To take the yoke is to study Torah, Thomas said. A student would be yoked to a rabbi and study with the rabbi. “Jesus was saying he would not burden his followers with legalism or ritualism, he would not put a load on them. Jesus was not pompous or arrogant, not legalistic. His followers would find him gentle, humble, and they would find rest for their souls.”
Jesus did not take away the burdens of his followers. “The word ‘easy’ in Greek is ‘chrēstos,’ meaning no strain, no effort. It is a delight to work with the Lord,” Thomas said to the congregation. “Jesus will give you rest for the journey, but he will not take away your burden. You will be able to conclude your journey and carry the burden without strain. You can take a staycation or break and come back to what you are called to carry.”
He asked the congregation, “Why haven’t you taken up Jesus on this offer for rest? Few of us, including me, are ever as devoted to our own care as we should be. We know it in our head but not our heart. We treat our car better than ourselves. We won’t let one speck of dirt get on our car but we will not go in for a colonoscopy, a prostate exam or a yearly physical.”
He compared our culture’s obsession with outward appearances to the “players” in the neighborhood who look good on the outside, but use women and drugs to resolve internal issues.
“People are willing to pay money for concert tickets, new cars, sports events, but ask them to tithe to the church, they look at you like you are crazy. A nice ride is more important than your soul,” Thomas said. “Jesus is giving, but we won’t receive.”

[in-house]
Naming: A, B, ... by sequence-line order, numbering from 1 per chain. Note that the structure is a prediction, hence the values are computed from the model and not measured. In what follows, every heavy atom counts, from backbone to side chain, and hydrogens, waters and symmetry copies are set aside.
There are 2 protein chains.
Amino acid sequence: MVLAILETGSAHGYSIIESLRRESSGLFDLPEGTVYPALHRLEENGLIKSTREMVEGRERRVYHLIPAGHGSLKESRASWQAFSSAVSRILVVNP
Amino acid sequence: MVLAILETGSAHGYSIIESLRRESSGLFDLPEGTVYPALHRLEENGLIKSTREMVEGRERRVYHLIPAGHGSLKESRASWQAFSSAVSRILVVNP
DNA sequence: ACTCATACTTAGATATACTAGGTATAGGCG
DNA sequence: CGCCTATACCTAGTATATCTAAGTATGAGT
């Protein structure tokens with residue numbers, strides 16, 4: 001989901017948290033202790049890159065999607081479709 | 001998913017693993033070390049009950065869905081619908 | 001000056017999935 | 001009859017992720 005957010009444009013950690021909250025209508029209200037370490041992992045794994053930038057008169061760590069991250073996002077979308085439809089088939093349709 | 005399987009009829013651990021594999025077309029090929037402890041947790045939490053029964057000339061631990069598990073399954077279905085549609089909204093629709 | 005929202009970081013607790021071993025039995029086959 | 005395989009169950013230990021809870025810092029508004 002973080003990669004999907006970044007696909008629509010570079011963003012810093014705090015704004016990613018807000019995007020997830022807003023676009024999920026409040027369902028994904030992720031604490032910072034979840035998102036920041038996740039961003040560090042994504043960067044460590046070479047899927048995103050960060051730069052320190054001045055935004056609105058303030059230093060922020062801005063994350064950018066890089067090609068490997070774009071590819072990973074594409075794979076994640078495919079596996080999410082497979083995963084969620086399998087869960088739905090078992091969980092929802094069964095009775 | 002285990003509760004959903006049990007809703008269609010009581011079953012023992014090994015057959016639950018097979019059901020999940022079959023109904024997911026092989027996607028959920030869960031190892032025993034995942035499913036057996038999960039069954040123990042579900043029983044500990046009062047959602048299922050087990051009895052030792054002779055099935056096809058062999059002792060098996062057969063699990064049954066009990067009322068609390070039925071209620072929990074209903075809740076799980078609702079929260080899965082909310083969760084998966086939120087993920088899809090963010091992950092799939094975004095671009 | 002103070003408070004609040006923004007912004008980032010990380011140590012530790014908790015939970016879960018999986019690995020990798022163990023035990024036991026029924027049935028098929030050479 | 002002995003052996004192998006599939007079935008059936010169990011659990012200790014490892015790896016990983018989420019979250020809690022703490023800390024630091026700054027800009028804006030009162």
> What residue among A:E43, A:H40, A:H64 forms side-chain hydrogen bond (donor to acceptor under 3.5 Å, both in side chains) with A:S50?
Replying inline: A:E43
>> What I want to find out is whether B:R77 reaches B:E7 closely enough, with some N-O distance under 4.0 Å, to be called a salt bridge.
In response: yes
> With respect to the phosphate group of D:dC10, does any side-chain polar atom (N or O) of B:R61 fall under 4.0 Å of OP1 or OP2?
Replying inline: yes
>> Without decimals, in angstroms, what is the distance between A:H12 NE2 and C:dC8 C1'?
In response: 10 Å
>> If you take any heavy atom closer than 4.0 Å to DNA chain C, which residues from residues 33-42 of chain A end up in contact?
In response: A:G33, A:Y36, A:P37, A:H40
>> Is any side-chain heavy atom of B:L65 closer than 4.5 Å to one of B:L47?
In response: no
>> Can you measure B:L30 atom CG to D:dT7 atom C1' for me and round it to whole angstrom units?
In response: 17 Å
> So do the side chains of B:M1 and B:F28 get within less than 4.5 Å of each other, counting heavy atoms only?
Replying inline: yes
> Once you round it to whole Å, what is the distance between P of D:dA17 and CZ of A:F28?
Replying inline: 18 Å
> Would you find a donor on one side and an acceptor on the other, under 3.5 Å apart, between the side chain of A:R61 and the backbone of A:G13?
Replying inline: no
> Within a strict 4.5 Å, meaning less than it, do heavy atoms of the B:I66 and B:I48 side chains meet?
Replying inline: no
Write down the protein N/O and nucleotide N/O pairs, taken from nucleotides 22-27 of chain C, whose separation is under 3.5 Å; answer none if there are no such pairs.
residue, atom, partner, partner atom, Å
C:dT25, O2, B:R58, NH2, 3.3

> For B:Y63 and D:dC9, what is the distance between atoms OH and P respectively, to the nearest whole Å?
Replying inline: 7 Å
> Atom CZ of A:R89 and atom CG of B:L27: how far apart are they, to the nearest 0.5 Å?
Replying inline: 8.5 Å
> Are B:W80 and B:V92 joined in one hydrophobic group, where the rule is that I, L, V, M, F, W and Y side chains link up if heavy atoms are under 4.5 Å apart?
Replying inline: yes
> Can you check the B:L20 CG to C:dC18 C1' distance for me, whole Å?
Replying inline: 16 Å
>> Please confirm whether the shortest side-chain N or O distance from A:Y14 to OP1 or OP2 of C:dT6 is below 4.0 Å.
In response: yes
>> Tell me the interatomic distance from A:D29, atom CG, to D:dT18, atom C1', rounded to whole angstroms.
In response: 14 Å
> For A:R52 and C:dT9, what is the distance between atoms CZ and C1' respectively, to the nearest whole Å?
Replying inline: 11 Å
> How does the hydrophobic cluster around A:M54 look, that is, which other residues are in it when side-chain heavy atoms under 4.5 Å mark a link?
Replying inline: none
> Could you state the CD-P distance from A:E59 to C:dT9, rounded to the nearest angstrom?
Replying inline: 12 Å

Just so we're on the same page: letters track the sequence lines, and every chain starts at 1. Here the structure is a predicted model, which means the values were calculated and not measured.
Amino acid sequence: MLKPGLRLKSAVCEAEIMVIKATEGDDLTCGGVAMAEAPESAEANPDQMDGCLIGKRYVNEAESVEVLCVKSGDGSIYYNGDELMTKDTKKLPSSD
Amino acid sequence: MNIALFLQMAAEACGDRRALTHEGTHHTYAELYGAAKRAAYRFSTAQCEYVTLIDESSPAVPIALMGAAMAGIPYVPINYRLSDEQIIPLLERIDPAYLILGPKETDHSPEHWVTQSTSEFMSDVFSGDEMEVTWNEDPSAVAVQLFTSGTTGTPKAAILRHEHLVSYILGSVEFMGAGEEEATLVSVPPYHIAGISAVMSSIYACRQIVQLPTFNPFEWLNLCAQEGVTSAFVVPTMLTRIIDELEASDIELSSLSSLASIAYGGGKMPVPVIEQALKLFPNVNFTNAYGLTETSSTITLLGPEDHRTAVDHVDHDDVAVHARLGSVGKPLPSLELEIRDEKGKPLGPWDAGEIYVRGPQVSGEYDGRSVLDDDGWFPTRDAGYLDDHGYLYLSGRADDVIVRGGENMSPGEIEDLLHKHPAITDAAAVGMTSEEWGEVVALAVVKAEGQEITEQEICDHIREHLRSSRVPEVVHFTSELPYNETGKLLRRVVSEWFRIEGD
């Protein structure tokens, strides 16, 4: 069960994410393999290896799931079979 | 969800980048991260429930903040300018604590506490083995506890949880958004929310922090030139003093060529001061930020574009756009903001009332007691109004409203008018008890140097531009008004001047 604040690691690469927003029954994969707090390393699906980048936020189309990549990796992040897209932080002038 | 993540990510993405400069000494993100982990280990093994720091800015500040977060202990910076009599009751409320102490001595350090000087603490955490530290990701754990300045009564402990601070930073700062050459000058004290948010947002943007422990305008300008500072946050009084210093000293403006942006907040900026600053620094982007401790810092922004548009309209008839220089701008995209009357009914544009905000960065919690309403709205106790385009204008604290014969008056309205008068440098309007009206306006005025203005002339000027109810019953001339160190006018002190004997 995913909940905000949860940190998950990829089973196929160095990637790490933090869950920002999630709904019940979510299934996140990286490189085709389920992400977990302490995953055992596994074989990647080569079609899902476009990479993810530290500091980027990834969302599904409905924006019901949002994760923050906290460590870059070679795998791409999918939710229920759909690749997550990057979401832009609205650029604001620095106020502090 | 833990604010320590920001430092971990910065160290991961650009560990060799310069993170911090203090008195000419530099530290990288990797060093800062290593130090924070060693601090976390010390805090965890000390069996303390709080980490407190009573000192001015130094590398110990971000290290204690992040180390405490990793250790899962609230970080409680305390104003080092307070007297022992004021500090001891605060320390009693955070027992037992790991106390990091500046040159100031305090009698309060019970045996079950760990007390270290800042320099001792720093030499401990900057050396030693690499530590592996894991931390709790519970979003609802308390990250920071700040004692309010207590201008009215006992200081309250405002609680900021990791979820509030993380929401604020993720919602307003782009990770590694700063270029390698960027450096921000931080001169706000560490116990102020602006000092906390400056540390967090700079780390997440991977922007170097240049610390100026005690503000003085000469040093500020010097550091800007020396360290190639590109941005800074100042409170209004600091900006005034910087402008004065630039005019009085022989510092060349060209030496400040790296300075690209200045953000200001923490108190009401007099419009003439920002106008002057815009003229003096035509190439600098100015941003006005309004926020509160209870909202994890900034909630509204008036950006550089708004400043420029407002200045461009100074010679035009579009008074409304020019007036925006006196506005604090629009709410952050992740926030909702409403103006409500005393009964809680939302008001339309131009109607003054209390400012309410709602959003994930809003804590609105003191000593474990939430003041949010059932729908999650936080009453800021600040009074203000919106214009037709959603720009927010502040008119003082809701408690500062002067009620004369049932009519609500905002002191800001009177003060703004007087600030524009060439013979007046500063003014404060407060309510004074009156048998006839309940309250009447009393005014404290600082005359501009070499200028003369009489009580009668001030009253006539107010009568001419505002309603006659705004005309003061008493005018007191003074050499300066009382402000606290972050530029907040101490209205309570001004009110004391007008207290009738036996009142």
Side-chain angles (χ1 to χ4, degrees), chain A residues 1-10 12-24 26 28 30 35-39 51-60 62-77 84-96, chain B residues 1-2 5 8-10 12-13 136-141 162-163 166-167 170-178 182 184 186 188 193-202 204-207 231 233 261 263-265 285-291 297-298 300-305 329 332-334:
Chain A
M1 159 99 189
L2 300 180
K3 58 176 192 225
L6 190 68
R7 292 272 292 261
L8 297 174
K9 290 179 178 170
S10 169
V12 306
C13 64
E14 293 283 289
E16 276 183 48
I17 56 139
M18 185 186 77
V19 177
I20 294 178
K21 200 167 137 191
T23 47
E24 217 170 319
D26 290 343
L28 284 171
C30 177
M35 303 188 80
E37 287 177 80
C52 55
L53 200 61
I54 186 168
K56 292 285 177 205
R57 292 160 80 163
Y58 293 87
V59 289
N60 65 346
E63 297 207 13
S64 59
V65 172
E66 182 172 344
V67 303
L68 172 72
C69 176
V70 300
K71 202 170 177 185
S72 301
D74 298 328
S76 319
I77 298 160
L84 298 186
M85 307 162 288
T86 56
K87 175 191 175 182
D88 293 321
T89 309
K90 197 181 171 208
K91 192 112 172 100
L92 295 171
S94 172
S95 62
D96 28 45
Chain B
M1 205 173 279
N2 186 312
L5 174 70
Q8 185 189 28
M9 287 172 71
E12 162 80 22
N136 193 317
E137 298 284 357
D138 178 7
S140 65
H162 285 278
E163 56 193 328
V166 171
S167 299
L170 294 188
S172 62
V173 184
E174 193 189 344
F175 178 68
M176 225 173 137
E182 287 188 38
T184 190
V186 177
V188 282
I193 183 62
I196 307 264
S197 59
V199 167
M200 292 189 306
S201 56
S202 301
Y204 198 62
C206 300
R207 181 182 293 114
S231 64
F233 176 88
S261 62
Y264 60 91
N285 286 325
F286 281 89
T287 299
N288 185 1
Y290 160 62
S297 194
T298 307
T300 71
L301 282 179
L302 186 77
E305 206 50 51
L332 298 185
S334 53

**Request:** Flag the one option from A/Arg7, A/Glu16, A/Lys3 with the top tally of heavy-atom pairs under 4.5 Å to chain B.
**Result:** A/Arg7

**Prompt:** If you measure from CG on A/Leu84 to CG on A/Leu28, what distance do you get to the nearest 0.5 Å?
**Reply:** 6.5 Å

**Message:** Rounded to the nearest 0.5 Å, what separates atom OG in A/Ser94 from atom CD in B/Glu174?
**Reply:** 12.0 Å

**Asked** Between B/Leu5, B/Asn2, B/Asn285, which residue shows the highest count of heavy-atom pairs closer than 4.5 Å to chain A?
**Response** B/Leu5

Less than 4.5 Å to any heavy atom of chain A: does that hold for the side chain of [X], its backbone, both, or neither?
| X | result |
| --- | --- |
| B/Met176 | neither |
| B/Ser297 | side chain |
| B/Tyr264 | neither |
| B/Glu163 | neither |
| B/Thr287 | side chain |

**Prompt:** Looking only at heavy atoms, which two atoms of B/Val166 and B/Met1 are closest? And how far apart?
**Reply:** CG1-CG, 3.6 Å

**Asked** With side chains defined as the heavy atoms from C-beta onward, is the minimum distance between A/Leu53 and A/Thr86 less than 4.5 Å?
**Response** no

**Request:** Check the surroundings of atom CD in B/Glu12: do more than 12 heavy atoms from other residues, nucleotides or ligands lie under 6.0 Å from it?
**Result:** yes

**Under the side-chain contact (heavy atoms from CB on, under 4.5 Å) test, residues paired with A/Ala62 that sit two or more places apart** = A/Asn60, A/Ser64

He continued, “We don’t know how to take care of ourselves. We want unconditional love, but do we offer it to ourselves? Have you accepted you, unconditionally? You want a best friend? You can be your own best friend if you have compassion for your own struggle.”
With Jesus, you have the doctor you have been waiting for, Thomas told the congregation. “I give thanks to God who says come, ‘Try easy because I offer easy.’ I give thanks to God who does not make me stay in the pulpit until I die with my boots on, but allows me to take a break. There are many people to help do the work so we can take turns and get a break.”
Thomas said, “If this was my own church, I would have an altar call and invite all of you who want Jesus’ help to come forward and say, ‘I want to receive.’ ” He closed by reading Matthew 11:28-30 and saying, “In Jesus’ name, try easy.”
The Rev. Paul Womack presided. Bruce Johnson, an elder at House of Hope Presbyterian Church in Minneapolis, Minnesota, read the Scripture. For the prelude and postlude, Joshua Stafford, who holds the Jared Jacobsen Chair for the Organist and is director of sacred music, played “Adagio” and “Allegro” from the Concerto in A minor, by Antonio Vivaldi, transposed by J.S. Bach. Members of the Motet Choir sang “The Tree of Life,” with music by K. Lee Scott and words by Kiràly Imre von Pécselyi, paraphrased by Eric Routley. The Geraldine M. and Frank E. McElree Jr. Chaplaincy Fund and the John William Tyrrell Endowment for Religion provide support for this week’s services and chaplain.